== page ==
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Platinum Metals Rev., 1966, 10, (4), 131

Manufacture of Two-ply Glass Tubing

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Glass Tubes & Components Limited of Lemington are using a novel piece of equipment to produce two-ply glass tubing for use in sodium vapour lamps. This apparatus makes the fullest use of the ability of platinum alloys to operate continuously at temperatures at which glass is molten, and yet have sufficient high temperature strength and corrosion resistance to maintain excellent dimensional stability.

The tubing for sodium vapour lamps must be two-ply, the inner sheath being resistant to attack by sodium vapour, the outer resistant to weathering. The new equipment, designed by Glass Tubes & Components and constructed by Johnson Matthey, contains some 220 ounces of platinum and platinum alloys, and is approximately two feet in length. It comprises a platinum alloy valve placed inside a soldily constructed sheath of platinum-alloy-clad high temperature steel. The equipment is maintained in the base of the glass melting furnace, the outer sheath itself acting as a mandrel to form the outer skin of the two-ply tube. The sodium resistant glass flows continuously into the space between the valve and the outer sheath and is drawn through the apparatus to form the inner skin of the two-ply tube. The thickness of the sodium-resistant layer is controlled by the valve setting.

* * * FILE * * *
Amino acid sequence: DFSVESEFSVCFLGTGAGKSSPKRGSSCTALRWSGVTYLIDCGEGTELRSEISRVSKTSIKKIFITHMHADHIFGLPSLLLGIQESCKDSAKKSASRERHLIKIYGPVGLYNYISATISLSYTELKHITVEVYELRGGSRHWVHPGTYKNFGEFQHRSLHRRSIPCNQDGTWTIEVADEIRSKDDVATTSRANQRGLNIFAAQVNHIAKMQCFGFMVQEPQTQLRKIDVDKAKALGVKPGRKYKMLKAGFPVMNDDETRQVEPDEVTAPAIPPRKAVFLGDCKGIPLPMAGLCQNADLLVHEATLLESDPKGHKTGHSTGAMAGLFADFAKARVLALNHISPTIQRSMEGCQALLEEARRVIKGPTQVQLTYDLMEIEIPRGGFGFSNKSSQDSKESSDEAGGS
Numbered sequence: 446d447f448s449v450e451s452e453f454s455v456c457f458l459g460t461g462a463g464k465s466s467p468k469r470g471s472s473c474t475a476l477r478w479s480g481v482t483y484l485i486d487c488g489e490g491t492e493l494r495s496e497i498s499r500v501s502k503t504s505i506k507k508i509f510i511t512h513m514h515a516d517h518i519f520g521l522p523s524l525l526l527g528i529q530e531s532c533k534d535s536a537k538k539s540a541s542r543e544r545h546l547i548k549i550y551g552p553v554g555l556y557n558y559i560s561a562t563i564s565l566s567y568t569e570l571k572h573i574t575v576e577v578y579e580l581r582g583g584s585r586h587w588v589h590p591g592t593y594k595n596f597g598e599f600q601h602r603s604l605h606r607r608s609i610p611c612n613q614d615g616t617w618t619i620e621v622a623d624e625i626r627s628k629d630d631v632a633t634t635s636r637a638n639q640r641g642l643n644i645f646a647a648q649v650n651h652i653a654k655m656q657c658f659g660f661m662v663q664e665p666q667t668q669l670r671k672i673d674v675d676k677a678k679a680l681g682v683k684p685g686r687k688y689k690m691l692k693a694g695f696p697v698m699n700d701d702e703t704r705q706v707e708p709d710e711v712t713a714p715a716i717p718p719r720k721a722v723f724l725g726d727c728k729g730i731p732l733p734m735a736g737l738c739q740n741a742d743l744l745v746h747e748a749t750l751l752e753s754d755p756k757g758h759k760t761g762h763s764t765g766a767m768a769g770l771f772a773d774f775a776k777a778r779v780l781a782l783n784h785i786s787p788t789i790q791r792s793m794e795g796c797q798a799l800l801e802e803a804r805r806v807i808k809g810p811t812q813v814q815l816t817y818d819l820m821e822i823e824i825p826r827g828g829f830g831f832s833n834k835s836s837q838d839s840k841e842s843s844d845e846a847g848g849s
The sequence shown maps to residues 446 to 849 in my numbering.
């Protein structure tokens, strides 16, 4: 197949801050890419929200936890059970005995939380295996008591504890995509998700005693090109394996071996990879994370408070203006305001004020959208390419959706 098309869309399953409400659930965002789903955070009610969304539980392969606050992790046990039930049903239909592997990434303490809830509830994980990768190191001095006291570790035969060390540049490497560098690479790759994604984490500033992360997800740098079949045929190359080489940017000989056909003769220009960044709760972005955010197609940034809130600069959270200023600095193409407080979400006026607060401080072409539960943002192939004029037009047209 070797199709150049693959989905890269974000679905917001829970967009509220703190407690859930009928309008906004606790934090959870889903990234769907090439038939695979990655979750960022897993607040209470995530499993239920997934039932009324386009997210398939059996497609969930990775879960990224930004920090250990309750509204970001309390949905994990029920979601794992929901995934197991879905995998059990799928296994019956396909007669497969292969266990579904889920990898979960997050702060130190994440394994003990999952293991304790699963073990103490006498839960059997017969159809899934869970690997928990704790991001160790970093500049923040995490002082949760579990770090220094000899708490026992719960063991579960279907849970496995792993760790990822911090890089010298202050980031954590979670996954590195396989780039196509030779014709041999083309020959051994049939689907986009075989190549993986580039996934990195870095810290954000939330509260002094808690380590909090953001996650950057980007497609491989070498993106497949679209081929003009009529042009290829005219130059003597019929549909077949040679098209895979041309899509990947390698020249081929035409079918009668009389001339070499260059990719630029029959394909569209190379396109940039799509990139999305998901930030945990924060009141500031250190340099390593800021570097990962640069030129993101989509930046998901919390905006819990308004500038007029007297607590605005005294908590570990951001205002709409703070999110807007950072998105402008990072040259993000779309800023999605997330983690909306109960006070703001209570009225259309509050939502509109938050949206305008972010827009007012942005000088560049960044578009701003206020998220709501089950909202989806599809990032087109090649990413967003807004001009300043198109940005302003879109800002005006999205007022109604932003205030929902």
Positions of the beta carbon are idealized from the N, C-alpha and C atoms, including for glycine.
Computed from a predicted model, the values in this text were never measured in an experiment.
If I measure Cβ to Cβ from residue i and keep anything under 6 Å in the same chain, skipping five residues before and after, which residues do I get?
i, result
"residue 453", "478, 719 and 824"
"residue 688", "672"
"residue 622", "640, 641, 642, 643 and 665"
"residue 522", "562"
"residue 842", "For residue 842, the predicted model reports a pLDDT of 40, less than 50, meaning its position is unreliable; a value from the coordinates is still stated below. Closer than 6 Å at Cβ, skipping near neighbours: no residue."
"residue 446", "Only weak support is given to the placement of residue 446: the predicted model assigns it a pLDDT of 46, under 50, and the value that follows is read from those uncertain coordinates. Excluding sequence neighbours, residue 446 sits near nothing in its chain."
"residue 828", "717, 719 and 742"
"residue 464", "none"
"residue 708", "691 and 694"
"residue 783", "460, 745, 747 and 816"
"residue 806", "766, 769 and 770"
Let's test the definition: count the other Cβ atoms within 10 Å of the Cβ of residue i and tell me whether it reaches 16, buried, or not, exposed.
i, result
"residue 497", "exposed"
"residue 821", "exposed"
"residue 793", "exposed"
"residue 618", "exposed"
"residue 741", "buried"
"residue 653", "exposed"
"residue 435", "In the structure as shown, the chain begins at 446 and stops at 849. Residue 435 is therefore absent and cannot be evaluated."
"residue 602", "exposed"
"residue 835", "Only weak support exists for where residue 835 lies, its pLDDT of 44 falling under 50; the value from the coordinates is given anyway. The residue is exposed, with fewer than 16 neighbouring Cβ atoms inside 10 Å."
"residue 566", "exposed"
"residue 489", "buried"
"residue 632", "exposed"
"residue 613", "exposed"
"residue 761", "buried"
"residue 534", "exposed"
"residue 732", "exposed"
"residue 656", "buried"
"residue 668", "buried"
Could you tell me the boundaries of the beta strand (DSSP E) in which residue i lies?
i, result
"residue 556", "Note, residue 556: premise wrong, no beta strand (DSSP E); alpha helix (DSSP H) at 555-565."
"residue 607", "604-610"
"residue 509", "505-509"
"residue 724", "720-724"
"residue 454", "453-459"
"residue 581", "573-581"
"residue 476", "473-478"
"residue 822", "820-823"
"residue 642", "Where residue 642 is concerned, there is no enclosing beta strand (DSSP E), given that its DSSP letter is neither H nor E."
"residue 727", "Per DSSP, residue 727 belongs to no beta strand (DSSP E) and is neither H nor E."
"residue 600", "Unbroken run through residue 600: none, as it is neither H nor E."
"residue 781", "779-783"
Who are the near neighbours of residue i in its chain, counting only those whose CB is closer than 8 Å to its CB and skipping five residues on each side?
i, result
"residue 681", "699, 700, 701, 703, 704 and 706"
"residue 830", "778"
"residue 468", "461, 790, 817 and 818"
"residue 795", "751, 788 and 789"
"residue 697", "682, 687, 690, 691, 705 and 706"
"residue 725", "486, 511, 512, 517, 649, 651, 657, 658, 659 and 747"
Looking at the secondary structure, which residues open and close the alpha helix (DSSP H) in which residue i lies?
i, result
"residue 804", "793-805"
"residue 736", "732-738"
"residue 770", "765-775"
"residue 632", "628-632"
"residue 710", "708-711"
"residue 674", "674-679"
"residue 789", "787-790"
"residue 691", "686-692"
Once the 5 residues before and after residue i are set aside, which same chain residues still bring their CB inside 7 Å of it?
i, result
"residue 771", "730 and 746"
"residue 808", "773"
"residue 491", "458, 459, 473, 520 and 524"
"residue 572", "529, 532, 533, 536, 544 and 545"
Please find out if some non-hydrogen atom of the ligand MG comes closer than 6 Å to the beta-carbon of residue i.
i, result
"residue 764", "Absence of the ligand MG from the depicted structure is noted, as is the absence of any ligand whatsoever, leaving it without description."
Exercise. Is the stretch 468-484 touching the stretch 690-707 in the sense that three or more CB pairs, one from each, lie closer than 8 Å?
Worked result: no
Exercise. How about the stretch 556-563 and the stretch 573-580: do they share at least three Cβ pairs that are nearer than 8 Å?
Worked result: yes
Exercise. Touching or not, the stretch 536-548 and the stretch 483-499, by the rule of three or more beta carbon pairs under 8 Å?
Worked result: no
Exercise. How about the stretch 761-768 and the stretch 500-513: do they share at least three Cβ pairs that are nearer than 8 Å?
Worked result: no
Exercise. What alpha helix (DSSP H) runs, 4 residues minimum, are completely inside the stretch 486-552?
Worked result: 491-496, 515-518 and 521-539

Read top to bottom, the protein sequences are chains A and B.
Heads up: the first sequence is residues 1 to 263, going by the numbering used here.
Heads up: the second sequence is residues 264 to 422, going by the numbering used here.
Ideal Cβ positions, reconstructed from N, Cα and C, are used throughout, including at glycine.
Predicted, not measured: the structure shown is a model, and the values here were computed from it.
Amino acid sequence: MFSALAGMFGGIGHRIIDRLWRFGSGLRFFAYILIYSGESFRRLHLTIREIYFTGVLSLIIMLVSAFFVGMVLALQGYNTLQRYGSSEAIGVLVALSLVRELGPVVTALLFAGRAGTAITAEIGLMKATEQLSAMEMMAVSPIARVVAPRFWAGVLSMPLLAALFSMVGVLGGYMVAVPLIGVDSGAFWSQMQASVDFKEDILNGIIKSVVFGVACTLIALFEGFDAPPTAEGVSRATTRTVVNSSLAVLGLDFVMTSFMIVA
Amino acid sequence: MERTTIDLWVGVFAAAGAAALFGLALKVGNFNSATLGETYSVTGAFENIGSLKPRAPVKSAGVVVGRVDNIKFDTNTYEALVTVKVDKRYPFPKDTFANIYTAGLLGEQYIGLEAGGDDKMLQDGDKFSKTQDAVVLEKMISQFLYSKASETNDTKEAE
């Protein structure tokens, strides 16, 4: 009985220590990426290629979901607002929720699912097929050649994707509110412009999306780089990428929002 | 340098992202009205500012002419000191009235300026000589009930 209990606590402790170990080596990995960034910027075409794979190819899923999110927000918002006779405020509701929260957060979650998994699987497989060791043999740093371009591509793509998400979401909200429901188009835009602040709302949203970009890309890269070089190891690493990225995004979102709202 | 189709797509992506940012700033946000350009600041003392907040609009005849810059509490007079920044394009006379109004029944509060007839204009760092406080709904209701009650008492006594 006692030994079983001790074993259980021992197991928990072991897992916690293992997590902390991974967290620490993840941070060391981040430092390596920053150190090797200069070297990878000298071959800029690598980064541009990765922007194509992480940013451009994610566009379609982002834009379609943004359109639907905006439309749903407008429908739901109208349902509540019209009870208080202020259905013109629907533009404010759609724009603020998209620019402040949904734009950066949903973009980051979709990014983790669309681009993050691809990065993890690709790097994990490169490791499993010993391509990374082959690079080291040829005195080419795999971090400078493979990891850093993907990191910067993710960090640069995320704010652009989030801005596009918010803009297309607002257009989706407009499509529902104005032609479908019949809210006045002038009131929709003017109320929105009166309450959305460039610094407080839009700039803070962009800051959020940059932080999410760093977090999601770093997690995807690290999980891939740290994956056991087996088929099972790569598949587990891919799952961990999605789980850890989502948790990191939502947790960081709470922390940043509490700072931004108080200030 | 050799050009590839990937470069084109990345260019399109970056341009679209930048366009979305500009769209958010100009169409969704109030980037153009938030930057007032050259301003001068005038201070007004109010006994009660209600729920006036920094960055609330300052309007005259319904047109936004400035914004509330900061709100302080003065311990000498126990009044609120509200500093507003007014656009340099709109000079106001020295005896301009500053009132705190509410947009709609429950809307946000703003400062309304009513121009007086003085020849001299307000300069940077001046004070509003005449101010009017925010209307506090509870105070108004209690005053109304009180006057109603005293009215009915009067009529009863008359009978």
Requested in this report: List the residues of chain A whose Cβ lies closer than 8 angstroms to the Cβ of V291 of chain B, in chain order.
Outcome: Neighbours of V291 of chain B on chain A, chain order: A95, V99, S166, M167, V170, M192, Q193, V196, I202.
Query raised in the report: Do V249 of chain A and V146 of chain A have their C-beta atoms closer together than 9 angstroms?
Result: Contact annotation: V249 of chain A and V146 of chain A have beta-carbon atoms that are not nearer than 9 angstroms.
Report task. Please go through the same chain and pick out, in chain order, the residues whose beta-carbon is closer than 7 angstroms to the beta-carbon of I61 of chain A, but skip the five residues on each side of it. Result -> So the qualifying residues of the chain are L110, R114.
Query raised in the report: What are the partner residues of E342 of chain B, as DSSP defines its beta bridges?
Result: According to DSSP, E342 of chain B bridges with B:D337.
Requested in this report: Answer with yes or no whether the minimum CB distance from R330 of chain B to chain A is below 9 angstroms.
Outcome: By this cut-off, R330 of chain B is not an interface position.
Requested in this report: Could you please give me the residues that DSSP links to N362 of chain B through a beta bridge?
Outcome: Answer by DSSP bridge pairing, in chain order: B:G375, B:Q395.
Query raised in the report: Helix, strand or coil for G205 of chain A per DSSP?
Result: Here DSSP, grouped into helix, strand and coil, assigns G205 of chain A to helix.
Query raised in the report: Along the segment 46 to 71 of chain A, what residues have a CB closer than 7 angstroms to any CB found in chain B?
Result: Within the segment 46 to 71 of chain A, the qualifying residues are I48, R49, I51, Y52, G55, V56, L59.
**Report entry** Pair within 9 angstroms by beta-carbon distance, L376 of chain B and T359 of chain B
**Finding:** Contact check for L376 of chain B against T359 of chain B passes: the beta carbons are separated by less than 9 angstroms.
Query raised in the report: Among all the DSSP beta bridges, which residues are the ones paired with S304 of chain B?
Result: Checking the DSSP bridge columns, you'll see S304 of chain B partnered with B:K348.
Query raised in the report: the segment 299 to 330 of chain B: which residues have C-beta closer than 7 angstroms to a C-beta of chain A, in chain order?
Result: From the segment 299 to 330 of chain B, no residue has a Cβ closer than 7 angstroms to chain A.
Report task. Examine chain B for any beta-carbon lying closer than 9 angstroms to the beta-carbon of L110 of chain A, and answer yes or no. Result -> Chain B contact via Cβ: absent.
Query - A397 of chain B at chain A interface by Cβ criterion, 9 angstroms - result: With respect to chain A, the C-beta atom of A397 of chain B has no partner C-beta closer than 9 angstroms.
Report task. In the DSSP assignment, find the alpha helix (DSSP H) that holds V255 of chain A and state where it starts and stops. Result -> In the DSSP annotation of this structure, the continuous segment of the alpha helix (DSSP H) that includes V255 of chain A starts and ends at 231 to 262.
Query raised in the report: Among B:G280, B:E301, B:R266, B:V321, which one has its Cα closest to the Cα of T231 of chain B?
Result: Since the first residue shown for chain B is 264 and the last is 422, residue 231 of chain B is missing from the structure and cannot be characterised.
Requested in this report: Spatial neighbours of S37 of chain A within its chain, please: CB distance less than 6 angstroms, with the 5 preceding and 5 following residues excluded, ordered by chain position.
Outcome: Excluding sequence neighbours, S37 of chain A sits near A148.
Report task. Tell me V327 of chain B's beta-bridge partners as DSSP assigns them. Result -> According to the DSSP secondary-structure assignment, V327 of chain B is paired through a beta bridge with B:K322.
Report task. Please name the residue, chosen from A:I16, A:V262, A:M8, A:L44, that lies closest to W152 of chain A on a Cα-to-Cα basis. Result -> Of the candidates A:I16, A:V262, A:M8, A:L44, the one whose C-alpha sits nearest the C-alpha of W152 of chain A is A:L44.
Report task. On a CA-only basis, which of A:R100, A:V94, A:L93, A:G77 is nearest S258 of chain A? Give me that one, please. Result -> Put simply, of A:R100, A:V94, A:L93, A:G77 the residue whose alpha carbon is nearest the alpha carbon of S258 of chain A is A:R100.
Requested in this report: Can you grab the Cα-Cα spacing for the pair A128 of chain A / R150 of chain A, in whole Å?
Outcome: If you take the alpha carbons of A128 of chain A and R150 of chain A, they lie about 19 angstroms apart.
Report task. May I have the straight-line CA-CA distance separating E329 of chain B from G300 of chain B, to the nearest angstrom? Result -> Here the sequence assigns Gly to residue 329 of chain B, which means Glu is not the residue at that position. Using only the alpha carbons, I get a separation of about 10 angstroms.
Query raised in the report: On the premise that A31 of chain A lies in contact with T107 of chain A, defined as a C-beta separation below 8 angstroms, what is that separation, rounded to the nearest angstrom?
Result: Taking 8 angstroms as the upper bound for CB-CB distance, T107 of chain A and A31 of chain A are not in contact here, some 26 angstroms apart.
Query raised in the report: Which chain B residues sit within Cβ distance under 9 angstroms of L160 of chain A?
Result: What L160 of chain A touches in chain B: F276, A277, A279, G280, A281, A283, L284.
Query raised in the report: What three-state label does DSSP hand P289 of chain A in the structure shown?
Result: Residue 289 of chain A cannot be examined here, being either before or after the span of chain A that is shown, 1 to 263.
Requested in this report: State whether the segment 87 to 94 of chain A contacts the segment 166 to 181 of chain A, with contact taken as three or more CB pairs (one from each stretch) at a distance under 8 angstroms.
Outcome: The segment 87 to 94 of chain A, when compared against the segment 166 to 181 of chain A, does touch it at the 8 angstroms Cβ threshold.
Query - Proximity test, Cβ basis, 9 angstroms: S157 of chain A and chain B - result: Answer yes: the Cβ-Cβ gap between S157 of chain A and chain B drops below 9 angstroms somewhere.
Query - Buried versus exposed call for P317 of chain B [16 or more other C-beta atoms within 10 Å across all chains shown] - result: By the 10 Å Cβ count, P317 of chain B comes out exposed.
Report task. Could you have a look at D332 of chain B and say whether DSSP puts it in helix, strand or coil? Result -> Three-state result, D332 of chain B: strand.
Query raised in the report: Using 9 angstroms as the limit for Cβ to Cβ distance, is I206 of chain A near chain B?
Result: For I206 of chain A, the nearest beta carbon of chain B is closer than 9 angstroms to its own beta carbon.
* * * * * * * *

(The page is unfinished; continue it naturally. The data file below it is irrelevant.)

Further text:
The new apparatus allows continuous working and has resulted not only in an increased output but in an improvement in efficiency over the hand-drawing methods formerly used.

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